Friday, September 24, 2010

Family comes first

Over-commitment gets interesting when I suddenly leave town for the fourth time in a little over three years. I'd give it all up to get rid of my dad's cancer. It's the only thing wrong with him.

My mom called me Saturday because she had to call a non-emergency ambulance for my dad. He couldn't stand up, which meant he couldn't get out of the house for treatment. When my mom called me to tell me about it, she was obviously having a very hard time with it. She couldn't even choke out that she wanted me to come home, but I knew she did. I packed a few changes of clothes and whatever else I thought I might need or want, washed any dirty dishes that might grow, and drove north.

My dad is not doing well. The doctors say he has weeks left at the most.

My mom and I are sharing primary care of him as part of home hospice care, which is more than a full-time job for each of us. We are glad we got to bring him home. Now family can visit whenever they want, Mom and I have more support, and we have better food. He is also more comfortable and receives closer attention. I know this is the best place for him.

I cannot fulfill my copyediting duties because I can only do them in the newsroom. I may be able to write for the university engineering and science magazine. I can work on research and news bureau stuff from here, too. However, I have no idea when I can fit it in between all my other responsibilities right now.

I'd like to keep up with my commitments, but family is priority right now. My adviser said to focus on family, that everything else is extraneous. I intend to follow that advice. Most of my time here I watch after Mom or Dad. Most of the leftovers I make sure legal and financial affairs are in order for my parents and for me or call friends for support and a break.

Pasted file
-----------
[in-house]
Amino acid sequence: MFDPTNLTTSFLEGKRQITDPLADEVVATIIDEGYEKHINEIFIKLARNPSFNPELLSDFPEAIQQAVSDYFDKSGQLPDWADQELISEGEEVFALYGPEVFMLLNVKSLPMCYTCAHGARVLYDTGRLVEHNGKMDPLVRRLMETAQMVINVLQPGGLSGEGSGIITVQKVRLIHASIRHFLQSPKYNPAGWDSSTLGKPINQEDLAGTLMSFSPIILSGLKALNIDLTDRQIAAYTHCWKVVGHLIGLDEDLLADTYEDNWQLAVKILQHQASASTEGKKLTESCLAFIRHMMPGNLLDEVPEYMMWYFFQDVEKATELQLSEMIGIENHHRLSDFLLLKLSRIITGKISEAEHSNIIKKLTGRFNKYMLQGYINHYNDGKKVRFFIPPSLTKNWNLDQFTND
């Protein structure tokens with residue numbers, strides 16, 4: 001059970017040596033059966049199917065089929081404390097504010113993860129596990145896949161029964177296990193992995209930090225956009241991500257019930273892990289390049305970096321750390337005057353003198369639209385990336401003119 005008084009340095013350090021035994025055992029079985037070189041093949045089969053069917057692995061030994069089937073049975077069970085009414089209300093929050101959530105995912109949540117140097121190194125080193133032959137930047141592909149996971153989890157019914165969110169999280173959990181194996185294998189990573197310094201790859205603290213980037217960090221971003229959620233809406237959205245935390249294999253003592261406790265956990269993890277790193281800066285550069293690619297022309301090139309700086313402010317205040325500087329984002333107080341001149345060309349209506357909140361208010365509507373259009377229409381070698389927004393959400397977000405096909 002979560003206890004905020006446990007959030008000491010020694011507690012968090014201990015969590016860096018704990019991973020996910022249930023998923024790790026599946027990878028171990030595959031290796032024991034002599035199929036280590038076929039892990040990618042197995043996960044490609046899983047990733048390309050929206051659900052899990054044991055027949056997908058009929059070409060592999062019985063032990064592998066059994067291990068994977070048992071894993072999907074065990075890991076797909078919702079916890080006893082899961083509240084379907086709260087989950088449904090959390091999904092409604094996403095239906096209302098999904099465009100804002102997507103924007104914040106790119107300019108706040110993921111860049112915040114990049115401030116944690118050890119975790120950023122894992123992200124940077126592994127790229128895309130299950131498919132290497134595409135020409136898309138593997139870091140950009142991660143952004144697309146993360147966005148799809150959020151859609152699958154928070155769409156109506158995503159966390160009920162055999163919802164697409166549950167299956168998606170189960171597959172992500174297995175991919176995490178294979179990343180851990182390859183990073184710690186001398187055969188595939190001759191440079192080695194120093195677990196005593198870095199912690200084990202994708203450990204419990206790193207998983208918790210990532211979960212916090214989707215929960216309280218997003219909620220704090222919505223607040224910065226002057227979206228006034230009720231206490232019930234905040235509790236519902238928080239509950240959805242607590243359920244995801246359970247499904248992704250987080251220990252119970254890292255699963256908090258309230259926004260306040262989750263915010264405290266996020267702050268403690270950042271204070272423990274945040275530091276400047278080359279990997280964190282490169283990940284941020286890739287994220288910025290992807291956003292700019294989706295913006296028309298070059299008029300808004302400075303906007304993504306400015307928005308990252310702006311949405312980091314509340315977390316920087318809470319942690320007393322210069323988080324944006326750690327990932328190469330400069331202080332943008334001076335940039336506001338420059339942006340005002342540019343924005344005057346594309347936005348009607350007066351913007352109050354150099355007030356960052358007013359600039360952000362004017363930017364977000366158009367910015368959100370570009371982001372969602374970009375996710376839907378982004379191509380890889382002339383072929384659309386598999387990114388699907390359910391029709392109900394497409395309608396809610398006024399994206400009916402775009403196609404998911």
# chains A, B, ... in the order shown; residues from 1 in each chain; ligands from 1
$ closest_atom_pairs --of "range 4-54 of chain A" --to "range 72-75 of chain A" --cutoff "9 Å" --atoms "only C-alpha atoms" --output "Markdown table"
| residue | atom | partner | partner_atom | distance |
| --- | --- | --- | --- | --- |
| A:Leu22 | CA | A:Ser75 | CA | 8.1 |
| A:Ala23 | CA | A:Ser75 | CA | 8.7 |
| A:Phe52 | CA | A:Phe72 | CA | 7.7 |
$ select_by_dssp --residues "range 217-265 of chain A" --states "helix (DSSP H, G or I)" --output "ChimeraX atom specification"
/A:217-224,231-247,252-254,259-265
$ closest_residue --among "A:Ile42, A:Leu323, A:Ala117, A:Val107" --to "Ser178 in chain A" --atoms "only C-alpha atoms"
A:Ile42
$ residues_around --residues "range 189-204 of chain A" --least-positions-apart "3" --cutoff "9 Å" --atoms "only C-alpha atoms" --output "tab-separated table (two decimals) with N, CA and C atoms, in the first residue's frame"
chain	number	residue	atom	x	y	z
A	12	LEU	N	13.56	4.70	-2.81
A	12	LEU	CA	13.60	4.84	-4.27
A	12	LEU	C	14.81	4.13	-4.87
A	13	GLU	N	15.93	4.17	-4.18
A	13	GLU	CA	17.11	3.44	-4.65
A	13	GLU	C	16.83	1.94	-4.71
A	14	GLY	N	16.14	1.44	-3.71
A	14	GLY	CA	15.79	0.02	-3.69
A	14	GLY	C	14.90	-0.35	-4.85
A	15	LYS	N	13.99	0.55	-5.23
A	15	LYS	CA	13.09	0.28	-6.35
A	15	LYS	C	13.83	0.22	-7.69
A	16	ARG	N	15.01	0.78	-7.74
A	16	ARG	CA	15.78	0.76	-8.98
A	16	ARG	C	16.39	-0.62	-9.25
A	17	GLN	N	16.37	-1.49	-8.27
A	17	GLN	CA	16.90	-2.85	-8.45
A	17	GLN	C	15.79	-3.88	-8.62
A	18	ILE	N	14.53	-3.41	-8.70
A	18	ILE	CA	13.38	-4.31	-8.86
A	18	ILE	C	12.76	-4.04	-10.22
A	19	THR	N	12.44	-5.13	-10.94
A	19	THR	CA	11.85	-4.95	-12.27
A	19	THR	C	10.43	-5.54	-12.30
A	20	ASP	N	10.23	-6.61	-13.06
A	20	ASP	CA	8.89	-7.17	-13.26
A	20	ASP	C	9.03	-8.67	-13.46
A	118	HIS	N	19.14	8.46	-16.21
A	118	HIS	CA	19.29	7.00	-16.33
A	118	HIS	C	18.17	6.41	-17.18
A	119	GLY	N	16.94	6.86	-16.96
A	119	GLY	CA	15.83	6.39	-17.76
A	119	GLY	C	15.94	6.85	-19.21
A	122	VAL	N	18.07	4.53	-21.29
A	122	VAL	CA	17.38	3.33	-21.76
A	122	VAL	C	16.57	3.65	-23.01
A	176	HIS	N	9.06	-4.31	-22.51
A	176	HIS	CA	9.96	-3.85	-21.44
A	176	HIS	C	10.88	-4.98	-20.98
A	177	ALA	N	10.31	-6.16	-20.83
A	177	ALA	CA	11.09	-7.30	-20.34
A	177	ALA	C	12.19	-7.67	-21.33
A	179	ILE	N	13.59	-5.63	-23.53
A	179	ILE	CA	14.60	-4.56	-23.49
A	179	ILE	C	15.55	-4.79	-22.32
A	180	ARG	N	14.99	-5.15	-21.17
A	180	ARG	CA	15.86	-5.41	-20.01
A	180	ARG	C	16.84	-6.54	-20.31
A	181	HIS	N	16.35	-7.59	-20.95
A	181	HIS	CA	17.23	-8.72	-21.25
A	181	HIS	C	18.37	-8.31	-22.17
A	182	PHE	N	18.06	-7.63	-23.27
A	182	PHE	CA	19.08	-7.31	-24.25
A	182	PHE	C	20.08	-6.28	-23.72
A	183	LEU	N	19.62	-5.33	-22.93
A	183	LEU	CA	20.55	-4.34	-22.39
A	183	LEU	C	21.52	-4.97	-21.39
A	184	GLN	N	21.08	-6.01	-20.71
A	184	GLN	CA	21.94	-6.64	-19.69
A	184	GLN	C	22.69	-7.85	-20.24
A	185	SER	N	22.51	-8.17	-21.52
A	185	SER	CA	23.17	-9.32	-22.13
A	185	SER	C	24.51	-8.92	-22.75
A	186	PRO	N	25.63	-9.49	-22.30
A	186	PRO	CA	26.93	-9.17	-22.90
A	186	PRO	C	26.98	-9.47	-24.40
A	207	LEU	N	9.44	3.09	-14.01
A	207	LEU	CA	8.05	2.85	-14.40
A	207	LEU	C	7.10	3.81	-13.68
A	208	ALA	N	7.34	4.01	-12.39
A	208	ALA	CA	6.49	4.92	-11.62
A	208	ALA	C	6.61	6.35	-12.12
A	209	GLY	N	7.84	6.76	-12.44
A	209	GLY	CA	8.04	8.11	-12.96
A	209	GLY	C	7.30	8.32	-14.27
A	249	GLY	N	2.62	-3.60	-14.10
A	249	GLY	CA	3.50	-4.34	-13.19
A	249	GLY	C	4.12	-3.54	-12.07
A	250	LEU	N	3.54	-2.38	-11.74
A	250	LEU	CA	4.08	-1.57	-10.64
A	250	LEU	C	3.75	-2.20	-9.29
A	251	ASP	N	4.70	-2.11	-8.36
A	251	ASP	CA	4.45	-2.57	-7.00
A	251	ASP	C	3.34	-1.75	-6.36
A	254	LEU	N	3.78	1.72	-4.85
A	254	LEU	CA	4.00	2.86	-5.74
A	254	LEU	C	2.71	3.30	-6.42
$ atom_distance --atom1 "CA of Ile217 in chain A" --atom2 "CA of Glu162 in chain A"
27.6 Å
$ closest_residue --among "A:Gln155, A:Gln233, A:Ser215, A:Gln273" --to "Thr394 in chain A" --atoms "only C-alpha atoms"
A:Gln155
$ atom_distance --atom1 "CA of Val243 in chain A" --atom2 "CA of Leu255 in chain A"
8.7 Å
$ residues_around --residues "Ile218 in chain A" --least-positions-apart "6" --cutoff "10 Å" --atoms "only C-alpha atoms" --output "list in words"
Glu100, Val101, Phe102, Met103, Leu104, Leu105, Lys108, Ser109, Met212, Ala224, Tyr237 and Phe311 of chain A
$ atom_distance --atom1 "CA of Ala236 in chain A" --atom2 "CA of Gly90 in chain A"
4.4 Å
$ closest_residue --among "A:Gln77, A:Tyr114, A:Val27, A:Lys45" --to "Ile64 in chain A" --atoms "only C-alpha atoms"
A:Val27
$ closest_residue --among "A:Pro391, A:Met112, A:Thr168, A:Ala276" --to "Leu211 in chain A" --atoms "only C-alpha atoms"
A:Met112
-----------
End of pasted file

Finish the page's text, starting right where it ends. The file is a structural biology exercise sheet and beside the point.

I am glad I have a big family so we can help each other through this hard time. They are invaluable in my Dad's care. We could not have brought him home without their help. Aunts and uncles help third shift, more aunts and uncles help first shift, and we have a full house second shift.

Even though this is a heartbreaking situation, I feel lucky for everything else in my life.

4 comments:

  1. I'm so sorry, but it's great that you have such an amazing support system. Just do what you can. Sending you and your family lots of positive thoughts and hugs.

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  2. I am so sorry. It seems like an impossible thing to deal with any time but especially in grad school. I'm glad your adviser is behind you and that you and your mom have the family support too. Take care. Be with your family-it's the most important thing. Warm thoughts to you and your family.

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  3. Alyssa & biochembelle: Thank you

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  4. I am so sorry to read this. Cancer really is terrible. Cherish your time with your family - everything else really is far less important.

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